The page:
$10M erosion control project proposed for East Agana Bay
By Mar-Vic Cagurangan
The U.S. Army Corps of Engineers and the Guam Department of Public Works are proposing to rehabilitate the deteriorating shoreline protection along South Marine Corps Drive in East Agana.
According to the USACE’s announcement, the tentative plan will address coastline erosion along a 2,100-foot stretch of Trinchera Beach along Agana Bay, which runs parallel to South Marine Corps Drive.
"The much higher than usual wave heights reaching the shoreline during severe storm periods have caused erosion to the shoreline and undermined the existing seawall along Marine Corps Drive," states a review plan submitted in January,
"This damage to the existing shore protection has put Marine Corps Drive and public utilities in the immediate vicinity of the project area at imminent risk. Future sea level rise will continue to exacerbate this condition and cause erosion and the resulting damage to accelerate," the review plan stated.
Army. officials said damage to Marine Corps Drive and associated public utilities "will result in significant traffic delays, inhibiting not only accessibility for residents and emergency vehicles but also the U.S. military’s capability to prepare for and respond to a crisis in the region in a timely manner."
The USACE said the study will cost $3 million and is anticipated to be completed in less than three years.
"Based upon estimated costs for the tentatively selected plan and costs to complete the feasibility study, total federal costs for the project are within the $10 million limit," the review plan said.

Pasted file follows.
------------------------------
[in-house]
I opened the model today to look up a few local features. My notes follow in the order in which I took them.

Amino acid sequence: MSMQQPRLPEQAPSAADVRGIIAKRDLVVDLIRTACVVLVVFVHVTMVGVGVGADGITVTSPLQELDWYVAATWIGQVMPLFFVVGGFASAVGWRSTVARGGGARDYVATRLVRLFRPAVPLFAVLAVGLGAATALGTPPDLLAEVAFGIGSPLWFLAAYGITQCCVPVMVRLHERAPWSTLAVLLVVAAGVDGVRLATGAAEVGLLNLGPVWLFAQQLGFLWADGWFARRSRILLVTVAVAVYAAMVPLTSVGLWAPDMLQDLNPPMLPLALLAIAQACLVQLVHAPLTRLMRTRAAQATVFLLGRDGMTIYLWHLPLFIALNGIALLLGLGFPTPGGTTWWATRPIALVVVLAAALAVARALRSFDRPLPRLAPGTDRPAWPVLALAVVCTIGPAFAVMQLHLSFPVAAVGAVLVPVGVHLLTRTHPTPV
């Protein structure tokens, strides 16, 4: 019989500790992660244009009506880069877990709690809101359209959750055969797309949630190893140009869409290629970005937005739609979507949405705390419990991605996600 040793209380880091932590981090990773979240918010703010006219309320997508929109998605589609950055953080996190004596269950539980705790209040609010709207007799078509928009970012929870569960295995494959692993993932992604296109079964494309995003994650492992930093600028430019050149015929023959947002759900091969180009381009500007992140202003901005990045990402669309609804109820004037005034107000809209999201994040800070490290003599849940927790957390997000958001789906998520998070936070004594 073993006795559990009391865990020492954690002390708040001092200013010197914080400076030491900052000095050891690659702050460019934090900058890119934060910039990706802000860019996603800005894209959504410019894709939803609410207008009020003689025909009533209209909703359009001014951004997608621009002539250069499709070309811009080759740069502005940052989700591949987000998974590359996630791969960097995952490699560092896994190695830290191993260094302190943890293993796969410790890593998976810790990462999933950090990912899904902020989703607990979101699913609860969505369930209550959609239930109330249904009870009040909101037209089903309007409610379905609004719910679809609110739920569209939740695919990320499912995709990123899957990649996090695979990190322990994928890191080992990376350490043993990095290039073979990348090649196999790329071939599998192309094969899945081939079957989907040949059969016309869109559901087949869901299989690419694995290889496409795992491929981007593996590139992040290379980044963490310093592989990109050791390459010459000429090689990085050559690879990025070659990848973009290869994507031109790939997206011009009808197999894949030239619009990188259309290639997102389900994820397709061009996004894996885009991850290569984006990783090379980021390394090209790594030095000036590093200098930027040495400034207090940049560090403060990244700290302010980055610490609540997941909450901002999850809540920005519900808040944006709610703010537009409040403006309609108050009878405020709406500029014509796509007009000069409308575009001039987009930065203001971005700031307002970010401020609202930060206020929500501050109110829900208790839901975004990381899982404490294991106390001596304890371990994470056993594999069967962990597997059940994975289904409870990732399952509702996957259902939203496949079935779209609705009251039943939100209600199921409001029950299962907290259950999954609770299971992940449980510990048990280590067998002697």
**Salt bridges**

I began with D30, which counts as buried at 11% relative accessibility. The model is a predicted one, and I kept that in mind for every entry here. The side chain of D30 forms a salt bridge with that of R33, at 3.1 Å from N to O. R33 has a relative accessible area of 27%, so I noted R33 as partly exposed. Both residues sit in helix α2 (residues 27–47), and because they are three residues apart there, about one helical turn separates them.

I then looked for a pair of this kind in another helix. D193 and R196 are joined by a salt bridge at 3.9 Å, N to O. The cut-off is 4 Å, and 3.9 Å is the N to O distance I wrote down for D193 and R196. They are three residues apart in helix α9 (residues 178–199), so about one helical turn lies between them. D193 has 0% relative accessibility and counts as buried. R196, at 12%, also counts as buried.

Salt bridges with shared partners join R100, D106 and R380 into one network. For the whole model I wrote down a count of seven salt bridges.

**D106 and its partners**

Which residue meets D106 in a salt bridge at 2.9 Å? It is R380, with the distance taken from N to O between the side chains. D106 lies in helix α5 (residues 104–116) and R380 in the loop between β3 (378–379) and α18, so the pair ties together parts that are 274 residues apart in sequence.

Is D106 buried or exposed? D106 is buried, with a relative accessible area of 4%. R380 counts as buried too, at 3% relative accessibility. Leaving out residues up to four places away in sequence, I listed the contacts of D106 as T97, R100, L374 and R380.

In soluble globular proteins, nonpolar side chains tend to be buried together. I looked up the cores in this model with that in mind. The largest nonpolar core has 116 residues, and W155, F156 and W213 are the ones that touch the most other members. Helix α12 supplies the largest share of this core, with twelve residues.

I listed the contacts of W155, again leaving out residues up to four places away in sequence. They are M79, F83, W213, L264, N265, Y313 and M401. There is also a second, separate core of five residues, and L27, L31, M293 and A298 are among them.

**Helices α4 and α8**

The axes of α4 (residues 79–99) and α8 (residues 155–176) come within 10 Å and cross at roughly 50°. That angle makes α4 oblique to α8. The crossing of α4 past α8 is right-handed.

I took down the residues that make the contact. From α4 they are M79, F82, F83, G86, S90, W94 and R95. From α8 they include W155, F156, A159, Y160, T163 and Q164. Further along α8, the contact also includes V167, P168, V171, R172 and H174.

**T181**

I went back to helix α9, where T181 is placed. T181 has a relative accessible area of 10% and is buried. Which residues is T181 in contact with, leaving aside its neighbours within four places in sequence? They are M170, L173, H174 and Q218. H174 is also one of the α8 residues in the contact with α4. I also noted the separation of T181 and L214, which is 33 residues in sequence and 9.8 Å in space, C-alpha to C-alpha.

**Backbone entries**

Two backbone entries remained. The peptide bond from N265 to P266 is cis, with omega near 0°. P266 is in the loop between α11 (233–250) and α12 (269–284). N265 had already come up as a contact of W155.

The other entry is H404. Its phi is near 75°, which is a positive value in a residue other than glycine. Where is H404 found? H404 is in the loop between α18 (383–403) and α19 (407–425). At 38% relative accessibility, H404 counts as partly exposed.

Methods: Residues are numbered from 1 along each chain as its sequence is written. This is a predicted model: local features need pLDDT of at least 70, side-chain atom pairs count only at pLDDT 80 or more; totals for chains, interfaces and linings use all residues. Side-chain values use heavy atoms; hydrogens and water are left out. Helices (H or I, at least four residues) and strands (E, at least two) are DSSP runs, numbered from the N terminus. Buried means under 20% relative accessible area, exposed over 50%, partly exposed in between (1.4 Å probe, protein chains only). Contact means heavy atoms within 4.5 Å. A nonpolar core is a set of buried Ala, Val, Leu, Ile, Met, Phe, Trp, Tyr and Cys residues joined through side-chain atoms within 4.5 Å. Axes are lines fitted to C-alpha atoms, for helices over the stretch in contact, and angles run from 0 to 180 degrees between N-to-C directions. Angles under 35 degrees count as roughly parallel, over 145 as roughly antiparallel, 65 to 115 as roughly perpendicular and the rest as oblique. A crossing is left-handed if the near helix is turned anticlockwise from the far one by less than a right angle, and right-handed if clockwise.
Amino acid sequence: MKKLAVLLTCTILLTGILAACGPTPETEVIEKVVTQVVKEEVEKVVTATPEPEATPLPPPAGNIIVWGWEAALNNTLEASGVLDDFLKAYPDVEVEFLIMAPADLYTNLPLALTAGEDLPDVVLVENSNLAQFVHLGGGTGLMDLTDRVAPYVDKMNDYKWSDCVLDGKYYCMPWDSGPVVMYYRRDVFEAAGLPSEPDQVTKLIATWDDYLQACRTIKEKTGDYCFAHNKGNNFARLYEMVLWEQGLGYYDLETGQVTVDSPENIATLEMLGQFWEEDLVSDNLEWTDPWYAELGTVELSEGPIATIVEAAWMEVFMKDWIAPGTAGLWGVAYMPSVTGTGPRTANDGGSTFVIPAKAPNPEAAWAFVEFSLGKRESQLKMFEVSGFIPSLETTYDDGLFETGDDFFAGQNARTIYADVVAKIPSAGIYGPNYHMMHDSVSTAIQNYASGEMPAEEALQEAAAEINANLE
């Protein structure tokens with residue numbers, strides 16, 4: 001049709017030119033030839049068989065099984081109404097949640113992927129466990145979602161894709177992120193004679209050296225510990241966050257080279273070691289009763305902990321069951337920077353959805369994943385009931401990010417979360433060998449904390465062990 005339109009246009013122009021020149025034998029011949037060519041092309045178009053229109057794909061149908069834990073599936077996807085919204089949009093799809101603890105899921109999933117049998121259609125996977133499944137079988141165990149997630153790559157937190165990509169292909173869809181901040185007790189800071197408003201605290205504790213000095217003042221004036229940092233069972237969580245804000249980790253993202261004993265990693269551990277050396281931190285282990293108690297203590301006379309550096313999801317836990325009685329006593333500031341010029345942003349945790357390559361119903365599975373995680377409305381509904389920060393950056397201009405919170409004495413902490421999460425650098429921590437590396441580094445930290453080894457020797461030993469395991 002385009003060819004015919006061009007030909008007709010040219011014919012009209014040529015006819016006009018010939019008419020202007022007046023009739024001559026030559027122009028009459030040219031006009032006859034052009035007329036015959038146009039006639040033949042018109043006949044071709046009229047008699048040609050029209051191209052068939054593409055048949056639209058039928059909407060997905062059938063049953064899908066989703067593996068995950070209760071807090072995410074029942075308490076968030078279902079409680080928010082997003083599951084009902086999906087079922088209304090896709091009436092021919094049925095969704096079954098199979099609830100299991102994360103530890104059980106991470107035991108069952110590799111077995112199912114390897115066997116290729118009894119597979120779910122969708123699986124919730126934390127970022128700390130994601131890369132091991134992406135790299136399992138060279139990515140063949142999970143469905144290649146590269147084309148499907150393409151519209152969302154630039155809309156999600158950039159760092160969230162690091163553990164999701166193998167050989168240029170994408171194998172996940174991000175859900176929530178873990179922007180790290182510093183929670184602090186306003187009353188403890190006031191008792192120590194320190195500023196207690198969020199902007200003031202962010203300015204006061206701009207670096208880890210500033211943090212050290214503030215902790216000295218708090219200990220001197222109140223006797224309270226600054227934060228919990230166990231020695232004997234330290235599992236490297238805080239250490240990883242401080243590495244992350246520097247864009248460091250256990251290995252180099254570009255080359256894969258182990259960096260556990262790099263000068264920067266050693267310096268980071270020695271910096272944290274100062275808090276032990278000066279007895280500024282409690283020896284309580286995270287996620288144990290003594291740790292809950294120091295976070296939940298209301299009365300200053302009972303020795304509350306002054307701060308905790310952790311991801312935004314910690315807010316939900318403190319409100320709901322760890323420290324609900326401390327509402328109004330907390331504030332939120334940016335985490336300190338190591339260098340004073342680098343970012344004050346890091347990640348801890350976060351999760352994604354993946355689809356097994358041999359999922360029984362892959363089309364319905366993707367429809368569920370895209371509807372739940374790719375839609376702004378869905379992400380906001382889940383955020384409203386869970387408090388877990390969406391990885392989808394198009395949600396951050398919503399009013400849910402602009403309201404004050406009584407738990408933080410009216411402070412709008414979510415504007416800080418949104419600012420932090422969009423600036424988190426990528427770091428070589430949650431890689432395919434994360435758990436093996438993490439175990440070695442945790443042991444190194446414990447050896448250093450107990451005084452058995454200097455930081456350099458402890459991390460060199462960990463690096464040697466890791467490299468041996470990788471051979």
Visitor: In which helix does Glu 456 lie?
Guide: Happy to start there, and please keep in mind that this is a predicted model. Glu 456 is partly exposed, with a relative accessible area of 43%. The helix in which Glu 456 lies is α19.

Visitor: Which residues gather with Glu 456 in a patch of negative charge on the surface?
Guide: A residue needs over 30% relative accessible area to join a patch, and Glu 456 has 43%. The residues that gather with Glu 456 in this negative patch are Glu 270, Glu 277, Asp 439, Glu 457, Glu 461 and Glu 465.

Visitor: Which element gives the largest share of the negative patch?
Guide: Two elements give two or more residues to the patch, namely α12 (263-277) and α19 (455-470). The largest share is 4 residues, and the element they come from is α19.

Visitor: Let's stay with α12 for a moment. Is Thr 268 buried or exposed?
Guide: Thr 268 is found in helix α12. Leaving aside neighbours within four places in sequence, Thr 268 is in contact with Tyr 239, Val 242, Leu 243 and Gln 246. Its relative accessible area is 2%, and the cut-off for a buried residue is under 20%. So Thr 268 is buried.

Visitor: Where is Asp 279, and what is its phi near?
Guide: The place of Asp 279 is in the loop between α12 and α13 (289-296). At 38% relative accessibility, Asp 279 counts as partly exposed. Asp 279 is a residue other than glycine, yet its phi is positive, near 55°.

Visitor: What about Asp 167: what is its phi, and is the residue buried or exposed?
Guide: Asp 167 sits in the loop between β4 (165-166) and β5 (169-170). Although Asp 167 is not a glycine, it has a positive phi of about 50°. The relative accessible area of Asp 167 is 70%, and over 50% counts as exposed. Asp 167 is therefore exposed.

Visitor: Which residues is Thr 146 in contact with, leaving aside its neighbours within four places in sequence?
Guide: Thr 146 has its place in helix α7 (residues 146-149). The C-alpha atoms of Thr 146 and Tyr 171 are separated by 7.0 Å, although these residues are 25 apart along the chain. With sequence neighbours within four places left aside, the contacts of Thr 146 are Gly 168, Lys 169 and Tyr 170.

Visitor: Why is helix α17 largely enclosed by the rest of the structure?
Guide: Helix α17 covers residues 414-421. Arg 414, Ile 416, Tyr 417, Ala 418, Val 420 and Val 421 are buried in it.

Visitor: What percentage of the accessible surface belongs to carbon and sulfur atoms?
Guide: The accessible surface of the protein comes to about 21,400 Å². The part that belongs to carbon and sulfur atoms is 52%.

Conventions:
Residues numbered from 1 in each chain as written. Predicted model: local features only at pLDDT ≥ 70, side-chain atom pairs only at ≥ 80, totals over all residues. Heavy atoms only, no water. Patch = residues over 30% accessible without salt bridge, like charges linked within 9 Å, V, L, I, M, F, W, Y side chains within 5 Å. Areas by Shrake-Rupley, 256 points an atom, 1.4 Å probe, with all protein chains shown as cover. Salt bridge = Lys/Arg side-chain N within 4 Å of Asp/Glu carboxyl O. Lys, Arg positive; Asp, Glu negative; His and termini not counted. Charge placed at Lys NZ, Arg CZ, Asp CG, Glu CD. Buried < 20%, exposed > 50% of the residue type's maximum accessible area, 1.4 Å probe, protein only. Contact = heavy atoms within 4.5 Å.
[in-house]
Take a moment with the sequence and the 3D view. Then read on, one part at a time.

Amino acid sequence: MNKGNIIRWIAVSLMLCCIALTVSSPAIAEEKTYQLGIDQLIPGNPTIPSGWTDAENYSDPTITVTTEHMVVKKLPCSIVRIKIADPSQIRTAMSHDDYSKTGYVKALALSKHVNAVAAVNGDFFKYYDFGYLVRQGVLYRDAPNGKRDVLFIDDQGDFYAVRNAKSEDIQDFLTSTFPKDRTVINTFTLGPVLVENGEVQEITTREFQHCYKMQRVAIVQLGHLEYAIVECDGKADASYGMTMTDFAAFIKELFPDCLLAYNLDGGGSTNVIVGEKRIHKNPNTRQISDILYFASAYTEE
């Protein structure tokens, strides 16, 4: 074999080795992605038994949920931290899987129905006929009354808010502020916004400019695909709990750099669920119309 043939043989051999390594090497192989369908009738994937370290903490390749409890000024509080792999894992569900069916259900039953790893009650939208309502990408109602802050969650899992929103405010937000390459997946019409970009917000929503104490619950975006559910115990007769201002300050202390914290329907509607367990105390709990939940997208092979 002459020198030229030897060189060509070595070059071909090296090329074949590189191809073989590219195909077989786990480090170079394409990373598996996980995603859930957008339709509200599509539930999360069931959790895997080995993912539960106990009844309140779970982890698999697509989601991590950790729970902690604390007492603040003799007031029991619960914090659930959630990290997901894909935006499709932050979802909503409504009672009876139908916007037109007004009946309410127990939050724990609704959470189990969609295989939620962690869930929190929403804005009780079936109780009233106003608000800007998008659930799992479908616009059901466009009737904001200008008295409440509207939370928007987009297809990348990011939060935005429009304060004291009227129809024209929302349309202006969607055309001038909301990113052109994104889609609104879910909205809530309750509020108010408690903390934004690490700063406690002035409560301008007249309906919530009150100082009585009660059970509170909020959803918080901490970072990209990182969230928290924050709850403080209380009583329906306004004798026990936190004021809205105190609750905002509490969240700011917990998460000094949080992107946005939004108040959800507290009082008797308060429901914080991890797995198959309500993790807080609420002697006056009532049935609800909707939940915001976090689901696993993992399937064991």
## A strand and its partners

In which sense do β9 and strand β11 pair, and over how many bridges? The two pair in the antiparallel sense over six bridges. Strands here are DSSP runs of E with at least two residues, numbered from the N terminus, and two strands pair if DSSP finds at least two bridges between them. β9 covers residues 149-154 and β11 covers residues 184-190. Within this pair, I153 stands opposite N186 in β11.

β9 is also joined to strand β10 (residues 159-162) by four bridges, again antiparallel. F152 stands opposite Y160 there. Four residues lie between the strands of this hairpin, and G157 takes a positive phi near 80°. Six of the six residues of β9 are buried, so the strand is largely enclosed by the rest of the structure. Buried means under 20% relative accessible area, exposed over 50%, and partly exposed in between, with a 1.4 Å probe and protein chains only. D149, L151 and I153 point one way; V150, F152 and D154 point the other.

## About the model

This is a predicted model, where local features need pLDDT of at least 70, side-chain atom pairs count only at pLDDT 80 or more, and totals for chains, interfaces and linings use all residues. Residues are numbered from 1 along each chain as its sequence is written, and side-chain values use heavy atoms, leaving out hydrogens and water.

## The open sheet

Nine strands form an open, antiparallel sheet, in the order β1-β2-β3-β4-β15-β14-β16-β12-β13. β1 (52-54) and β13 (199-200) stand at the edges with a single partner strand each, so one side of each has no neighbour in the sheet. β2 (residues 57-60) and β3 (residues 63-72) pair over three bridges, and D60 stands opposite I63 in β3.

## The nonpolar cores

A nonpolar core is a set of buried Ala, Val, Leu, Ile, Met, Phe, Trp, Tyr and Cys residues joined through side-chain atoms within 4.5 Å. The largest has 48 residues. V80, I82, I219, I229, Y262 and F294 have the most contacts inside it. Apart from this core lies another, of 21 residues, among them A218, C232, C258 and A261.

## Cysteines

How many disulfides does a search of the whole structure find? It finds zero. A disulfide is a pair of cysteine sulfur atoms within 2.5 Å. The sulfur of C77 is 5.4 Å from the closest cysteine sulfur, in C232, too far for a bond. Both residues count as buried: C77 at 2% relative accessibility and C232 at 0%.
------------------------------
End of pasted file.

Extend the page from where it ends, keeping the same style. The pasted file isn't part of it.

“Without protection, the road and associated public utilities will be at imminent risk of failure,” the army corps said, announcing the release of a draft integrated feasibility report and environmental assessment, which identifies its plan.
Officials said the East Hagåtña Emergency Shoreline Protection study is administered under the Flood Control Act of 1946, which authorizes USACE to study, design and construct emergency streambank and shoreline works used to protect public facilities.
"At this time the USACE understands that risks associated with environmental resources, if any appear, can be minimized or avoided during implementation," the USACE said.
"While Guam is home to several terrestrial endangered and threatened species and their critical habitat, it is unlikely that any of these species would be present in the project are protected."
The USACE noted that the Hagatna Bay benthic habitat includes broad areas of coral, seagrass and macroalgae.
"However," it added, "the seafloor within roughly 100 feet from the beach appears to be primarily uncolonized sand. No marine or terrestrial preserves exist in the project area."
Pursuant to the National Environmental Policy Act, USACE is seeking public input on the potential environmental effects of the shoreline protection project.
“USACE will use this information to meet other environmental laws and requirements including, but not limited to compliance with the CleanWater Act, Fish and Wildlife Coordination Act, and National Historic Preservation Act,” the announcement said.
A 30-day public comment period runs from July 25 through Aug. 24. Officials said comments received during this review period will be incorporated into the plan formulation, environmental assessment of effects, and the administrative record.
Written comments may be submitted as follows: E-Mail: CEPOH-Planning@usace.army.mil Postal Mail: U.S. Army Corps of Engineers, Honolulu District ATTN: CEPOH-PPC (Hagåtña) 230 Otake St.Fort Shafter, HI 96858-5440 The public is invited to attend a meeting either in-person or virtually Tuesday,Aug.8,from 6 to 8 p.m. Chamorro Standard Time (ChST) at the Sinajana Mayor’s Office (117A Chalan Guma Yu'us, Sinajana, Guam 96910) to ask questions and provide comments on the